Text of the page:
Why we need to act on racial bias in AI

Some starting points, and why inaction makes you part of the problem

For many who saw a man get murdered in front of complicit police colleagues and helpless bystanders, the fact that something needs to change in the system which allows this to repeatedly happen without consequence has become ever more apparent. 

What might be less apparent is that every one of us in tech and business needs to be part of that change, however racially prejudiced or “woke” we believe ourselves to be.

In the UK, as protesters fill Hyde Park today, many are aware that while systemic racism may not result in as many horrific deaths of black people at the hands of police as in the US, racism is still pervasive within our society and politics. There is nowhere more so than in the tech industry and within businesses leadership, a brief look at the lack of diversity in boardrooms and tech teams across the country will testify to this.

And It is a monumental problem, because while the technology industry moves at pace to automate, innovate and drive efficiencies with data and algorithms, in doing so it codifies and amplifies the biases and inequalities in our society. Businesses and organisations eager to implement these technologies overlook the biased data, inadequate data, historic data, inaccurate data and modelling which inform the predictive algorithms, facial and voice recognition tools which inform them. The result – historic prejudice and inequality mean technology products (and the businesses which run on them), disadvantage BAME people by denying them opportunities to get jobs, financial help, residency, even freedom from incarceration. Products are developed which only work properly for white people, pushing black people particularly further into the margins.

If this is something which you or your colleagues have not yet fully understood the significance of, now is the time to learn. Below is a very small selection from a larger list we are looking at summarising on our website as an accessible resource. Please add your own suggestions on texts to include in the comments section.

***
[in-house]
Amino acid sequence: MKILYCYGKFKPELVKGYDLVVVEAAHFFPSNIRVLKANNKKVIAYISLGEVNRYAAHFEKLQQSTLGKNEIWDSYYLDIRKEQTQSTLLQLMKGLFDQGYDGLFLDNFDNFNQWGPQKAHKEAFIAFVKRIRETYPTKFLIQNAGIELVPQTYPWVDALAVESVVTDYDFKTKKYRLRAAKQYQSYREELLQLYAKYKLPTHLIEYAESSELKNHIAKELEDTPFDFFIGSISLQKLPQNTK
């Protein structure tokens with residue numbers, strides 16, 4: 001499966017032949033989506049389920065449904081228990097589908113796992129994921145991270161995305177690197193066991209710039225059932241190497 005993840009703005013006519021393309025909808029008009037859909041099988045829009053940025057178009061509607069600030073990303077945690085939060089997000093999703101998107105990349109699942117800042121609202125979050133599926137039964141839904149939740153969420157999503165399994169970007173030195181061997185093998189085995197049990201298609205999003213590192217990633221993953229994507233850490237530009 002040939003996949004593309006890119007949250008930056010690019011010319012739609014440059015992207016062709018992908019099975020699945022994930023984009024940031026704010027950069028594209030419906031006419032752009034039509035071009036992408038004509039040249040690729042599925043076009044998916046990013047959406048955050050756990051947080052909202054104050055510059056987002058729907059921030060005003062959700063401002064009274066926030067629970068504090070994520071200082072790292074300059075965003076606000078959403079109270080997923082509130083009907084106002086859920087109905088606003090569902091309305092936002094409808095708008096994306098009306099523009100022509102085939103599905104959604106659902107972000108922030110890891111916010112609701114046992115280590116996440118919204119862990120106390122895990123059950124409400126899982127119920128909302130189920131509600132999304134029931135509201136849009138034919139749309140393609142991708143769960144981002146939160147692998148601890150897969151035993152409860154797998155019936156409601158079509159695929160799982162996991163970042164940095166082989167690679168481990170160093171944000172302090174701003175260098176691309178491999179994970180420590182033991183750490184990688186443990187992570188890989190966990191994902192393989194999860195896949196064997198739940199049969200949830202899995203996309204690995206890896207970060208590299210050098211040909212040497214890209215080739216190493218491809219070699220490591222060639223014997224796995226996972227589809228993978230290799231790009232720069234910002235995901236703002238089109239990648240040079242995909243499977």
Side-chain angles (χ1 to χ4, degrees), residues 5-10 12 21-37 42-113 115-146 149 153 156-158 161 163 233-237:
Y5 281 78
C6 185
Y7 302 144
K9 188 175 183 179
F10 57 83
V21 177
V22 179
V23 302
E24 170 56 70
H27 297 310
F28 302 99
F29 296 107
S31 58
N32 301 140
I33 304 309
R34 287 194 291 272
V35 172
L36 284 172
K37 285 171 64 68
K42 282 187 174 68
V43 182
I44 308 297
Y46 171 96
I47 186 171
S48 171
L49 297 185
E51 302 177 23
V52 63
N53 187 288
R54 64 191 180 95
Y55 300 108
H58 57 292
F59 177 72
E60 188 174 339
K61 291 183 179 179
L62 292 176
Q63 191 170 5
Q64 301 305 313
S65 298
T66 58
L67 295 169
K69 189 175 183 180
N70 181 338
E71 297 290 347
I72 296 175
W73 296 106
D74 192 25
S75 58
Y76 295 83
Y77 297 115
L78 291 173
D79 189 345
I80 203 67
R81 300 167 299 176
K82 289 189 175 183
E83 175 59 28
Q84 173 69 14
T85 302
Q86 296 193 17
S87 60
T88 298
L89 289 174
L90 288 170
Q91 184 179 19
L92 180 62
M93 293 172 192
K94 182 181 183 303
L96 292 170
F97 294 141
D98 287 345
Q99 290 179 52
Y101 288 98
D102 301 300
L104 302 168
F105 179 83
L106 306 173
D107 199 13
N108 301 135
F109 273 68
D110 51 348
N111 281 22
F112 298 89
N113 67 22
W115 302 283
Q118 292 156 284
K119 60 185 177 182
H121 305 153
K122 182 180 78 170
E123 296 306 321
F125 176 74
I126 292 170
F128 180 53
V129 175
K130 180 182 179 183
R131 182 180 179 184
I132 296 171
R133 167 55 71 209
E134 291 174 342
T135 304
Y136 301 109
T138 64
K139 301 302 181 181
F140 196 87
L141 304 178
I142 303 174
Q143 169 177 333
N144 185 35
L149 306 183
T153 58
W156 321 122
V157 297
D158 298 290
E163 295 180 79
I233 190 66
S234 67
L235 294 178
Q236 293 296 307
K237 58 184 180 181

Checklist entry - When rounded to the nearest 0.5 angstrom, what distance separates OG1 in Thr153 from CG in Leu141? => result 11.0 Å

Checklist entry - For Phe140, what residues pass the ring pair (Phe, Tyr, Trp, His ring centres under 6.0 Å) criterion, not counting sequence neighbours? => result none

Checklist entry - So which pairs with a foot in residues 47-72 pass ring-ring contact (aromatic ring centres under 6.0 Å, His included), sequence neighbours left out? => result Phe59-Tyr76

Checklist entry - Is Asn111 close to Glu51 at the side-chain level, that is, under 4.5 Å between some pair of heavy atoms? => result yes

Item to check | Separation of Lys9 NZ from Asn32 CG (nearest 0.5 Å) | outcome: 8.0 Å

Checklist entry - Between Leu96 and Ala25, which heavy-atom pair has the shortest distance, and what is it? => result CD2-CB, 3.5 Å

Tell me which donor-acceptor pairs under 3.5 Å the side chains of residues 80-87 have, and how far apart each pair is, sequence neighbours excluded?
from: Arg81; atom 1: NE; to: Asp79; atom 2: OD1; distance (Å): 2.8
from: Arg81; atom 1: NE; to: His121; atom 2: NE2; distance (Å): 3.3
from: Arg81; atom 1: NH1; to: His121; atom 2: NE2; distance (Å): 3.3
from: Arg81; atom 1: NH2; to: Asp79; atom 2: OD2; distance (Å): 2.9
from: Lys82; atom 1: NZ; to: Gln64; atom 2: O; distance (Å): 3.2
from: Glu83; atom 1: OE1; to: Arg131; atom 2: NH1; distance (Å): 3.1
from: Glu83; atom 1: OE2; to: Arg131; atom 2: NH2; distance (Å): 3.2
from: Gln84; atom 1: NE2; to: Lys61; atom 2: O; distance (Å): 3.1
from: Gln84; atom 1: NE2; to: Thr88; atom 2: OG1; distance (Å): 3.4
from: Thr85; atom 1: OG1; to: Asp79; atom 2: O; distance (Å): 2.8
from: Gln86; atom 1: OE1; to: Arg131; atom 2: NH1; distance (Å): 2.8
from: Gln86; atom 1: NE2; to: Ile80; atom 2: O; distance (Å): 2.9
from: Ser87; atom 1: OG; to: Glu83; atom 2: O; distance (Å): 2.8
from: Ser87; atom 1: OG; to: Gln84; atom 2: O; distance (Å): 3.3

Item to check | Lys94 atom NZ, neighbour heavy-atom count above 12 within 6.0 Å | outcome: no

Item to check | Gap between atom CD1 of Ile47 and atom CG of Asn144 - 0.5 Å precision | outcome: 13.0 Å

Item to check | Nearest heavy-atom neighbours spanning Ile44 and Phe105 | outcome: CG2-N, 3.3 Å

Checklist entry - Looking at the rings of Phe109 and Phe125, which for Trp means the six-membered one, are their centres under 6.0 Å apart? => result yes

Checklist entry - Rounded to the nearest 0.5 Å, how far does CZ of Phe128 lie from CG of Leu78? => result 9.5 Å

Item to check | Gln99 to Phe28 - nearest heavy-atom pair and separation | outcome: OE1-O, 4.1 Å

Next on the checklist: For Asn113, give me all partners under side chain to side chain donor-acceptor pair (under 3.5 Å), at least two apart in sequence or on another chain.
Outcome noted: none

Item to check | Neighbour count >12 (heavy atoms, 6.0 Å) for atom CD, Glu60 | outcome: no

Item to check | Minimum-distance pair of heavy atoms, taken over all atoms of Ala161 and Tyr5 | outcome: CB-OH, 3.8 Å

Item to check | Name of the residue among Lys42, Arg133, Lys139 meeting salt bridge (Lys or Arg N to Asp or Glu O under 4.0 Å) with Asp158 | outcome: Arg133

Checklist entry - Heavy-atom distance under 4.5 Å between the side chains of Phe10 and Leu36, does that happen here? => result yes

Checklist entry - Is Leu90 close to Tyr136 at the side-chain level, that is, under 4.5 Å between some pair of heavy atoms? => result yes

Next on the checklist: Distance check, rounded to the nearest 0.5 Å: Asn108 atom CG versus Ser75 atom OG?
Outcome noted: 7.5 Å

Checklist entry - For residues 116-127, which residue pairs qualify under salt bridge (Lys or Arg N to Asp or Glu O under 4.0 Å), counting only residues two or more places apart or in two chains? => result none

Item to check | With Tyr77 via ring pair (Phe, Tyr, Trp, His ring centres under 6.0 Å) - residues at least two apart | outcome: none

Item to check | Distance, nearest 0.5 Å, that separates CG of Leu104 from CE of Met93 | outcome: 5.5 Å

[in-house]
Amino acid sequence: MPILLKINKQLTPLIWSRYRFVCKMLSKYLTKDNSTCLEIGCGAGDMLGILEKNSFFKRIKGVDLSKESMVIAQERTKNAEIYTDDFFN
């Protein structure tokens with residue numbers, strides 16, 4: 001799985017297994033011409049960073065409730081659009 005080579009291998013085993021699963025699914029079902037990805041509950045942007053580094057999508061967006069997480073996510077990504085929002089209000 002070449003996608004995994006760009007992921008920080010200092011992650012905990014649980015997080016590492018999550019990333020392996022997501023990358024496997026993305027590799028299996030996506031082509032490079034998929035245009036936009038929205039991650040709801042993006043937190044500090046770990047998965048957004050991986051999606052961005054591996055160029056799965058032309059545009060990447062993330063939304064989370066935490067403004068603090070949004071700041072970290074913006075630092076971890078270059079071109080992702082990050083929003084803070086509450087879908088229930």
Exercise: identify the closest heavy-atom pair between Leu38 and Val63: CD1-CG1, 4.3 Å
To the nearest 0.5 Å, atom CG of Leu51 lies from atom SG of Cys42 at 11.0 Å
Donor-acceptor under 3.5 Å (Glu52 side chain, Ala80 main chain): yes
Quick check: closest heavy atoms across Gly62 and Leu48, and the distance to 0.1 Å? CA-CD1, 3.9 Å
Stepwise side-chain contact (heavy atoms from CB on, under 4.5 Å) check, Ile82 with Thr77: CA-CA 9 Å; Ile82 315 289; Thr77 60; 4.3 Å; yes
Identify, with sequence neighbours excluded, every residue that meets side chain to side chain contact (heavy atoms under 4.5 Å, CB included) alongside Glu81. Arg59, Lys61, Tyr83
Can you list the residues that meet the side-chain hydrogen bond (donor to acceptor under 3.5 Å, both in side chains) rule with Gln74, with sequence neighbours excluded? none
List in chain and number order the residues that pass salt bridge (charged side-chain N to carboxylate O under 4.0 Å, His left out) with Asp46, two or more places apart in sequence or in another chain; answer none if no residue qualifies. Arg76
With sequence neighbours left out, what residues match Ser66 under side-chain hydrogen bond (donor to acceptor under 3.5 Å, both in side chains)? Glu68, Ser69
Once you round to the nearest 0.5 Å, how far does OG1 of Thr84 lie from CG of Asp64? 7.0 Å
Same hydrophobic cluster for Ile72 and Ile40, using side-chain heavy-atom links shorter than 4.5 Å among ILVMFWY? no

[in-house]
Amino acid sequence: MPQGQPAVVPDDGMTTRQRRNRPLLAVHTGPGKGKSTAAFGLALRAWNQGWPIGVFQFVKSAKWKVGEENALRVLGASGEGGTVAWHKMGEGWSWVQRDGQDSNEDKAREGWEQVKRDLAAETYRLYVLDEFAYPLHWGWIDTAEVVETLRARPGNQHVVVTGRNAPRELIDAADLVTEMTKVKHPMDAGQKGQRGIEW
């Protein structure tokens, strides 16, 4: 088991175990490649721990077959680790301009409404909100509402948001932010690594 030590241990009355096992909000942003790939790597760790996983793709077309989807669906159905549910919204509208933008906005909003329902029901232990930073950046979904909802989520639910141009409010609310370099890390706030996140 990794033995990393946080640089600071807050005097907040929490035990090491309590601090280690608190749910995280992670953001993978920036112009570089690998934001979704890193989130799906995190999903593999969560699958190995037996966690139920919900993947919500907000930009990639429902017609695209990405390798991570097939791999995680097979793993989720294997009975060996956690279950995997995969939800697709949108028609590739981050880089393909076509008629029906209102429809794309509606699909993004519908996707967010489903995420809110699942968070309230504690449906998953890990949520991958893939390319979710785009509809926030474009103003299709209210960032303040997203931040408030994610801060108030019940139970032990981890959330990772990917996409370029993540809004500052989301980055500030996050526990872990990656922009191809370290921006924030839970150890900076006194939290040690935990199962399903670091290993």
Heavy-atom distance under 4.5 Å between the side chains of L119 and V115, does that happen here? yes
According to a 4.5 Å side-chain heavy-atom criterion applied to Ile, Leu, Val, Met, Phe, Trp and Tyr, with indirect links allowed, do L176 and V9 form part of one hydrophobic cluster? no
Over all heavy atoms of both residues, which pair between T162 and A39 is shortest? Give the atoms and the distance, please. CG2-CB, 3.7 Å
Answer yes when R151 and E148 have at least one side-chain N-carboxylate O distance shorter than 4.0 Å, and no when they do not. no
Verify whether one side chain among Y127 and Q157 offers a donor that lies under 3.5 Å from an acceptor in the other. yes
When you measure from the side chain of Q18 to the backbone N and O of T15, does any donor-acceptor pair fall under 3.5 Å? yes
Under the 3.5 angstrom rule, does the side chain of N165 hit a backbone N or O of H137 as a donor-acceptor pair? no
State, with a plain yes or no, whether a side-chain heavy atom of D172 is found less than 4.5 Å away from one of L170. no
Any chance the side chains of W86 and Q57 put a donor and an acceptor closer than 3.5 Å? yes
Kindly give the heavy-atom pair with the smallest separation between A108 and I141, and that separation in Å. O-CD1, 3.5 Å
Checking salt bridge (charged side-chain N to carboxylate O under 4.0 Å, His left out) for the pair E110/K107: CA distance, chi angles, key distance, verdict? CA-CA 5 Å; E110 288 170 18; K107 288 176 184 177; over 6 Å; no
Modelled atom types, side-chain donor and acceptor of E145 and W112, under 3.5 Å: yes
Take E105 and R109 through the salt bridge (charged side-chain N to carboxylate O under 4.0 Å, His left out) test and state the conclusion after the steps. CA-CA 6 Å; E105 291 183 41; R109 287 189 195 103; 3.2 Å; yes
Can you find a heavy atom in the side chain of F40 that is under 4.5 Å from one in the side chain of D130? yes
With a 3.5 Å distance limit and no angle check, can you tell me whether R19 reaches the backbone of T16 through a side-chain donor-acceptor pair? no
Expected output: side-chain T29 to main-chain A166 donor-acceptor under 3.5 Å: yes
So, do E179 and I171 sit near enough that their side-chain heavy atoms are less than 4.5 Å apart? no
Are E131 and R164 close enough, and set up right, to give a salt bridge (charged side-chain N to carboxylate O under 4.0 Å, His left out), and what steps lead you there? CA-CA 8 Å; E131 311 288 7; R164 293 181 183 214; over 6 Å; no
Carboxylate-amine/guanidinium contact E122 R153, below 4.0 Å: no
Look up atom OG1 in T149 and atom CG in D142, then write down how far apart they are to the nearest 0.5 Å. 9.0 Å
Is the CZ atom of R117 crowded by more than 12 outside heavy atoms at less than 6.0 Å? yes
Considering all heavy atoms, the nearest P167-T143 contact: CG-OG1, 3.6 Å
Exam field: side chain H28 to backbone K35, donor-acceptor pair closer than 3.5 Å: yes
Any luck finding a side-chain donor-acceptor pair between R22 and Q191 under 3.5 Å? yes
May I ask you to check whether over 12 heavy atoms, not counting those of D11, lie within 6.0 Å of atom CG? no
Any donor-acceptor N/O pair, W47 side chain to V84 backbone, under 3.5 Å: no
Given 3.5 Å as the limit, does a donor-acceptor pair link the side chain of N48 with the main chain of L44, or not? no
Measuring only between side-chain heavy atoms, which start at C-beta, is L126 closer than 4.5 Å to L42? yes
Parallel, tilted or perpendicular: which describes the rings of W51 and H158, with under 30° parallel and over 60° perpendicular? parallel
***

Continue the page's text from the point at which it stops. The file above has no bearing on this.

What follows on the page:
Just this year, in 2020: 

These examples come from a database of articles compiled by our member Charlie Pownall documenting all sorts of contentious uses of AI which we are working on building into resources.

Our team also noted that healthcare carries a number of issues for non-white people, for technology optimised for pale skin has been seen to risk neglecting skin cancer in those with dark skin. 



Race after Technology by Ruha Benjamin

Algorithms of Oppression by Safiya Noble 

Automating Inequality by Virgina Eubanks



Videos discussing all of these authors can be found easily online, for example Ruha Benjamin in discussion with Meredith Whittaker 

A seminal video is Joy Buolamwini discussing her fight against algorithmic bias

A short explanation of how algorithmic bias works

And more

If however you are already familiar with the issues and the way our systemic bias creeps into code, then there is even more that can be done. Here are some starting points:

  1. Work to get more black people hired and recognised, to increase the diversity of those developing and making decisions on AI. Whether you are in the position to hire, mentor, inspire or advocate, you can make a difference. Support organisations such as https://www.blackgirlscode.com/ or https://blackinai.github.io/ in the US, or Tech London Advocates Black Women in Tech
  2. Speak up publicly when you feel that tech strategy, development, procurement or implementation decisions are being made which have not had enough thought put into the consequences on race discrimination and racial differences. 
  3. Engage your colleagues and partners in the issues, don’t let the moment pass but instead hold them and yourself accountable on a daily basis.
  4. Ask questions about algorithmic auditing. Does your company audit algorithms? Do they plan to? If they do not, bias will appear. There are many cases and methods for auditing, contact us to find out more.
  5. Find out what more you can do. Contact local movements, for example in the UK Stand Against Racism and InequalityCoalition for Racial Equality and Rights, or Stand up To Racism,who have called for everyone to #taketheknee on their doorsteps at 6pm tonight. 
  6. Join We and AI at weandai.orgWe are a volunteer organisation working specifically to raise awareness of how all lives are being impacted by AI, particularly those of marginalised communities. Wider public understanding of the amplification of systemic racism is high on our agenda and we need volunteers from all walks of life to help us with our programmes.

Most important to remember, is that, although we have spent the last few years of the rapid AI deployment teaching our machines to be racist, we have been teaching our children for millennia. Machine behaviour is easier to change than human behaviour – IF we take the opportunity to correct it while we still can. Let’s make technology become better than us, not worse, and let’s make ourselves better on the way.

“If you are neutral in situations of injustice, you have chosen the side of the oppressor.” Nelson Mandela